Cook, Flinders and King were among the first navigators who gave a detailed outline of Queensland’s coast. They were in turn followed by hydrographers who provided detail of its reefs, shoals and harbours. The process of mapping and inscription was complimented by inland explorers who were in turn followed by land surveyors who delineated Queensland’s boundaries, subdivided the land and planned the cities.

Aerial photography and the outbreak of war in the Pacific created new imputes for mapping leading to some of Queensland’s first detailed topographic maps while the development of remote sensing GIS technologies have taken precision mapping to an even higher level and opened up new areas of geographical research.

The establishment of the SLATS (Statewide Land Cover and Trees Survey) programme by the Queensland government in the 1990s was a significant landmark, processing satellite images that enabled land cover to be monitored state-wide. Concurrently the development of GIS technology has enabled this extensive matrix of data to be analysed and understood in greater complexity.

However, are we any closer to understanding our landscapes?  Or have these mapping traditions for all their benefits, inadvertently disassociated us by accentuating a narrow positivist perception of landscape that emphasises material process over cultural understanding?

Without a contextualised understanding of our landscapes, the avenues for connection with the world around us are limited. This atlas critically examines people’s place in the landscape. The landscape is a library and it is only by broadening our understanding beyond narrow spatial definitions, that we may truly encounter the landscape in its deeper sense.

Maps are a wonderful place to start forging these connections yet we will remain alienated without actually placing ourselves in the landscape. In other words go where your curiosity draws you! By doing this you are taking and experiencing something of the landscape that is both unique and your own as well revealing to the intimate possibilities of experience. These are the truly evocative features of landscape which maps conceal from us as much as they show.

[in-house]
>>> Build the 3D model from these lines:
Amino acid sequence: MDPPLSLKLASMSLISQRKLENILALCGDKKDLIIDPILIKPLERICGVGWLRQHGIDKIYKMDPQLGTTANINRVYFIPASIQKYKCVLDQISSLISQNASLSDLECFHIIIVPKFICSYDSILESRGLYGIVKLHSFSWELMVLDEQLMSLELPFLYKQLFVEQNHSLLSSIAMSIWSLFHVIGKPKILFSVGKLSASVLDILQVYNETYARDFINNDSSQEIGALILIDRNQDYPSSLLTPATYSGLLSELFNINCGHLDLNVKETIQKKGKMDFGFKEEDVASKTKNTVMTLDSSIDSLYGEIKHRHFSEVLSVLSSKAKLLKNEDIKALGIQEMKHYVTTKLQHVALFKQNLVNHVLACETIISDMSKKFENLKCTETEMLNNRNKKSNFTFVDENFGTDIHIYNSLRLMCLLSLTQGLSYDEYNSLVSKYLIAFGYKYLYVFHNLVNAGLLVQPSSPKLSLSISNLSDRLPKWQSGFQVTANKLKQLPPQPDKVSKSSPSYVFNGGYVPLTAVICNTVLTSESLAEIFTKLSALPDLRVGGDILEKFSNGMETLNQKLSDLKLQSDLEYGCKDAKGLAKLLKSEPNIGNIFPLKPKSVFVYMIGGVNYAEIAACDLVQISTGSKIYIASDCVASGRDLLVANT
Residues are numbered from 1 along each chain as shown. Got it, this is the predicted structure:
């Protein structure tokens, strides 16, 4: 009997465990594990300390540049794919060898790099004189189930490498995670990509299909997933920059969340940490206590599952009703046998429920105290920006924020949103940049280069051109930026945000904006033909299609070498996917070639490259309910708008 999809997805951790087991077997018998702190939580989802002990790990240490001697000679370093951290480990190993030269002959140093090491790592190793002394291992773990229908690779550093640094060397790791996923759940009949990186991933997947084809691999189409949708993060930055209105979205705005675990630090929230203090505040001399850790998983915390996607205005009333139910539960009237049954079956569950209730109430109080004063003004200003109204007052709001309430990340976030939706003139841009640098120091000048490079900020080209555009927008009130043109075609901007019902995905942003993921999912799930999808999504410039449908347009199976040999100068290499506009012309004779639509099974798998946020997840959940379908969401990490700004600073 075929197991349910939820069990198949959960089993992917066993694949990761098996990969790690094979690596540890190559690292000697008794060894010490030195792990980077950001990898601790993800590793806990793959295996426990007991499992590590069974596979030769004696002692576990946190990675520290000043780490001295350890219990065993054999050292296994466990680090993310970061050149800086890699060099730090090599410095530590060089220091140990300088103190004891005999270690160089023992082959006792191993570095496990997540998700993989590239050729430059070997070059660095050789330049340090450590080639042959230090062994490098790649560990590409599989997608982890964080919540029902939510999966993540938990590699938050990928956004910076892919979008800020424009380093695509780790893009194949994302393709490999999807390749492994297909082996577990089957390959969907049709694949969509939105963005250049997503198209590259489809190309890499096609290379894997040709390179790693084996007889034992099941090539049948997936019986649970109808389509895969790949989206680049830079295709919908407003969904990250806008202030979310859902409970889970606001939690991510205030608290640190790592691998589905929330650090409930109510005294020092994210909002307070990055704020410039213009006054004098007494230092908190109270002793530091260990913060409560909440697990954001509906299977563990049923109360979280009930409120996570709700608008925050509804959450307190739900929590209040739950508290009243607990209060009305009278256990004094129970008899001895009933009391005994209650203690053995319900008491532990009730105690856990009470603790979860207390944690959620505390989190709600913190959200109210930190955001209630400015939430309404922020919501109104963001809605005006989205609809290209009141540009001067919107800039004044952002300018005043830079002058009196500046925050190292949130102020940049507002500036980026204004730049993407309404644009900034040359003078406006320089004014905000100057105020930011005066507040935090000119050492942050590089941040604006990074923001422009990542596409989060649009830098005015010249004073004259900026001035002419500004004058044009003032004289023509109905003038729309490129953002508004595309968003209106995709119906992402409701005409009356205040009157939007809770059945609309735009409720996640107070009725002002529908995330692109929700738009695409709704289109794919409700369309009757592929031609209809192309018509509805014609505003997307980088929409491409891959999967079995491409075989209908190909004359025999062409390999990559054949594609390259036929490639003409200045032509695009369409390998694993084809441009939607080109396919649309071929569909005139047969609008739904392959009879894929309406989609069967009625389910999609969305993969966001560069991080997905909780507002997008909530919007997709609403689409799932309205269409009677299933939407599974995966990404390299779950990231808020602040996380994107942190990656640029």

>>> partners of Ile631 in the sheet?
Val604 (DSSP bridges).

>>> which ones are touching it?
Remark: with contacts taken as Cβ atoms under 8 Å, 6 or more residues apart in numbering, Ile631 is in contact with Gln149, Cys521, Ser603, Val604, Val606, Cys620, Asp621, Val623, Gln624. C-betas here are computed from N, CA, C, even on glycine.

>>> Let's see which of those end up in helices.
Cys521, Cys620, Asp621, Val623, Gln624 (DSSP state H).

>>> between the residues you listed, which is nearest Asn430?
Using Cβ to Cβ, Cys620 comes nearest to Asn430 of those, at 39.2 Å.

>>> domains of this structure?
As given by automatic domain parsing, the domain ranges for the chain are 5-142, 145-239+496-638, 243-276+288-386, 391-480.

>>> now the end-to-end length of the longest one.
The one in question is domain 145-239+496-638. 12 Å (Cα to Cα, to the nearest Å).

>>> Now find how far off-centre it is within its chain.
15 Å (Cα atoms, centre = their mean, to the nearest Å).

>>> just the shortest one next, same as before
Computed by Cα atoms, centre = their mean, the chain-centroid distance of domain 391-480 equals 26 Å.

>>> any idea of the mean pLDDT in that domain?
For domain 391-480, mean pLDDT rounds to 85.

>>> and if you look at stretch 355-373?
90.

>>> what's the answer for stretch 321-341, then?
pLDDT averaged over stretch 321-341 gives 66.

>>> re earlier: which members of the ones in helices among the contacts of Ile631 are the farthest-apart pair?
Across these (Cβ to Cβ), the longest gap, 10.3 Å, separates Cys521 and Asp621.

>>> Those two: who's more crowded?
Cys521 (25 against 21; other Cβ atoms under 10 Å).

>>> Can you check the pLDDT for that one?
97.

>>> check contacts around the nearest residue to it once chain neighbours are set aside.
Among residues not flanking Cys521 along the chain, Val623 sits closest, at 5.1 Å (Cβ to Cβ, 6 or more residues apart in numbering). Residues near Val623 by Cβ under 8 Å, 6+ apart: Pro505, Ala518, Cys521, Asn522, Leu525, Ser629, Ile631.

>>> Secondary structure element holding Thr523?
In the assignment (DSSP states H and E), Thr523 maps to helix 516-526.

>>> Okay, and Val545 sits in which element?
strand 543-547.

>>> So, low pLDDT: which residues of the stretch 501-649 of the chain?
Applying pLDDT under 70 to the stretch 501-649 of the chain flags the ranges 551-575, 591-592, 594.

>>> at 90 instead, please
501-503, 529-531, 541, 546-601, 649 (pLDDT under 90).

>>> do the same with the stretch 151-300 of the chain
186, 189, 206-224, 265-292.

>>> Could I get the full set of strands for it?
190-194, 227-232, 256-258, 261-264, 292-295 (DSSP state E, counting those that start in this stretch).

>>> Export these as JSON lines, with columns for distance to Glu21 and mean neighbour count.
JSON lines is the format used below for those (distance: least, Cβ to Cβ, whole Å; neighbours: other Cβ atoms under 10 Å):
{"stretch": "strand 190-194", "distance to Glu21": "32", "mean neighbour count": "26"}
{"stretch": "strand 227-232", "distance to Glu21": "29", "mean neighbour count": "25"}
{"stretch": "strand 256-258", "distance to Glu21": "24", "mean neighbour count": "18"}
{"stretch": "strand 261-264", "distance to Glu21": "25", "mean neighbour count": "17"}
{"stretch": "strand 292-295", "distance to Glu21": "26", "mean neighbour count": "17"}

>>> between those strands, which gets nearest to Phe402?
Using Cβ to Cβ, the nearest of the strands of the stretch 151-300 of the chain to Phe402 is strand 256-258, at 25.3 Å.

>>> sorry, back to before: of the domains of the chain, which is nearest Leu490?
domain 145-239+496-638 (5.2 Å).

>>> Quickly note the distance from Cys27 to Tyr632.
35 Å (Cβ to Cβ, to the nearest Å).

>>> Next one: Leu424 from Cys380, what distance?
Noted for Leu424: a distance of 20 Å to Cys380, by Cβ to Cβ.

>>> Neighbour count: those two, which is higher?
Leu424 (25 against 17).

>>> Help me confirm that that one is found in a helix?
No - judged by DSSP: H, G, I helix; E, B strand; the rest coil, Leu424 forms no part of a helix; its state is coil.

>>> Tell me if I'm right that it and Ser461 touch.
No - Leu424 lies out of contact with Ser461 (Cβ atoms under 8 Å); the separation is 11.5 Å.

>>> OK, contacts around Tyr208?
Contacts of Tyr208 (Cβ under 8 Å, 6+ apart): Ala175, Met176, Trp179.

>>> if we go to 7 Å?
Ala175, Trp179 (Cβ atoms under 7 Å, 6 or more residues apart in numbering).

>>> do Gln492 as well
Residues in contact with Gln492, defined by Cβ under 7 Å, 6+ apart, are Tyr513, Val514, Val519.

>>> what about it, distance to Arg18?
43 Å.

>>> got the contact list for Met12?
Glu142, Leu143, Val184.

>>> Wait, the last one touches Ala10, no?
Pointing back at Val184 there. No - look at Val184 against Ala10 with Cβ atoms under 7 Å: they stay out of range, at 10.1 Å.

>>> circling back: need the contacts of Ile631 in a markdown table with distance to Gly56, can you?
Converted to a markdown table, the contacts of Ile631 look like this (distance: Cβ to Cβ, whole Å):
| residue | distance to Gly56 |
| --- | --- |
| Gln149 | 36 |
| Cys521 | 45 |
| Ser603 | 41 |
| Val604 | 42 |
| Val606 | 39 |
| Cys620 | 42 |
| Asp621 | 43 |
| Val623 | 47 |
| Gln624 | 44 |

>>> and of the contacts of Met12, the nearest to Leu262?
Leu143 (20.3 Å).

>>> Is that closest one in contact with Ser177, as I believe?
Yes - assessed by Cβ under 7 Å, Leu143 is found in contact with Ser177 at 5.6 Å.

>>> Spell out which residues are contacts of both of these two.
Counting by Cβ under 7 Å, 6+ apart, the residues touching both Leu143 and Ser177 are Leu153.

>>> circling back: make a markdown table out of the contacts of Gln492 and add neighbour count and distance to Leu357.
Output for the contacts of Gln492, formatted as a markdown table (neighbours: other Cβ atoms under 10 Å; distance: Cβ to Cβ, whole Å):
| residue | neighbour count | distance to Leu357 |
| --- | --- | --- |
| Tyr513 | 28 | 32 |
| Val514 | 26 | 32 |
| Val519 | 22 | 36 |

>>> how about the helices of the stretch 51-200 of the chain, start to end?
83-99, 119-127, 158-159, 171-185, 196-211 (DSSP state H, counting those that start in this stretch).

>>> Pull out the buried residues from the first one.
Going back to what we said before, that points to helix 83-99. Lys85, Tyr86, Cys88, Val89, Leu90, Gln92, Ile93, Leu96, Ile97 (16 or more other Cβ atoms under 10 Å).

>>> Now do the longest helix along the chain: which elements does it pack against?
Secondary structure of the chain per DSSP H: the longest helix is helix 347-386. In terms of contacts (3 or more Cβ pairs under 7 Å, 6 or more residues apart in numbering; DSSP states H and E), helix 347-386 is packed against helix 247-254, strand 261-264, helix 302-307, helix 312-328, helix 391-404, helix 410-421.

References and Further reading (Note)

John Leighly (ed) Land and life: a selection from the writings of Carl Ortwin Sauer, Berkeley, University of California Press, 1963

References and Further reading (Note)

Joseph Conrad, Tales of hearsay and last essays, London, Dent and Sons, 1926

References and Further reading (Note)

Thomas Mitchell, Journal of a journey into the interior of Tropical Australia in search of a route from Sydney to the Gulf of Carpentaria, London, Longman, Brown and Longmans, 1848

References and Further reading (Note)

Thomas Mitchell, Three expeditions into the interior of Eastern Australia: with descriptions of the recently explored regions of Australia Felix, and of the present colony of New South Wales, London, T. & W. Boone, 1839

References and Further reading (Note)

Edgar Beale, Kennedy, the Barcoo and beyond, 1847: the journals of Edmund Besley Court Kennedy and Alfred Allatson Turner with new information on Kennedy’s life, Hobart, Blubber Head Press, 1983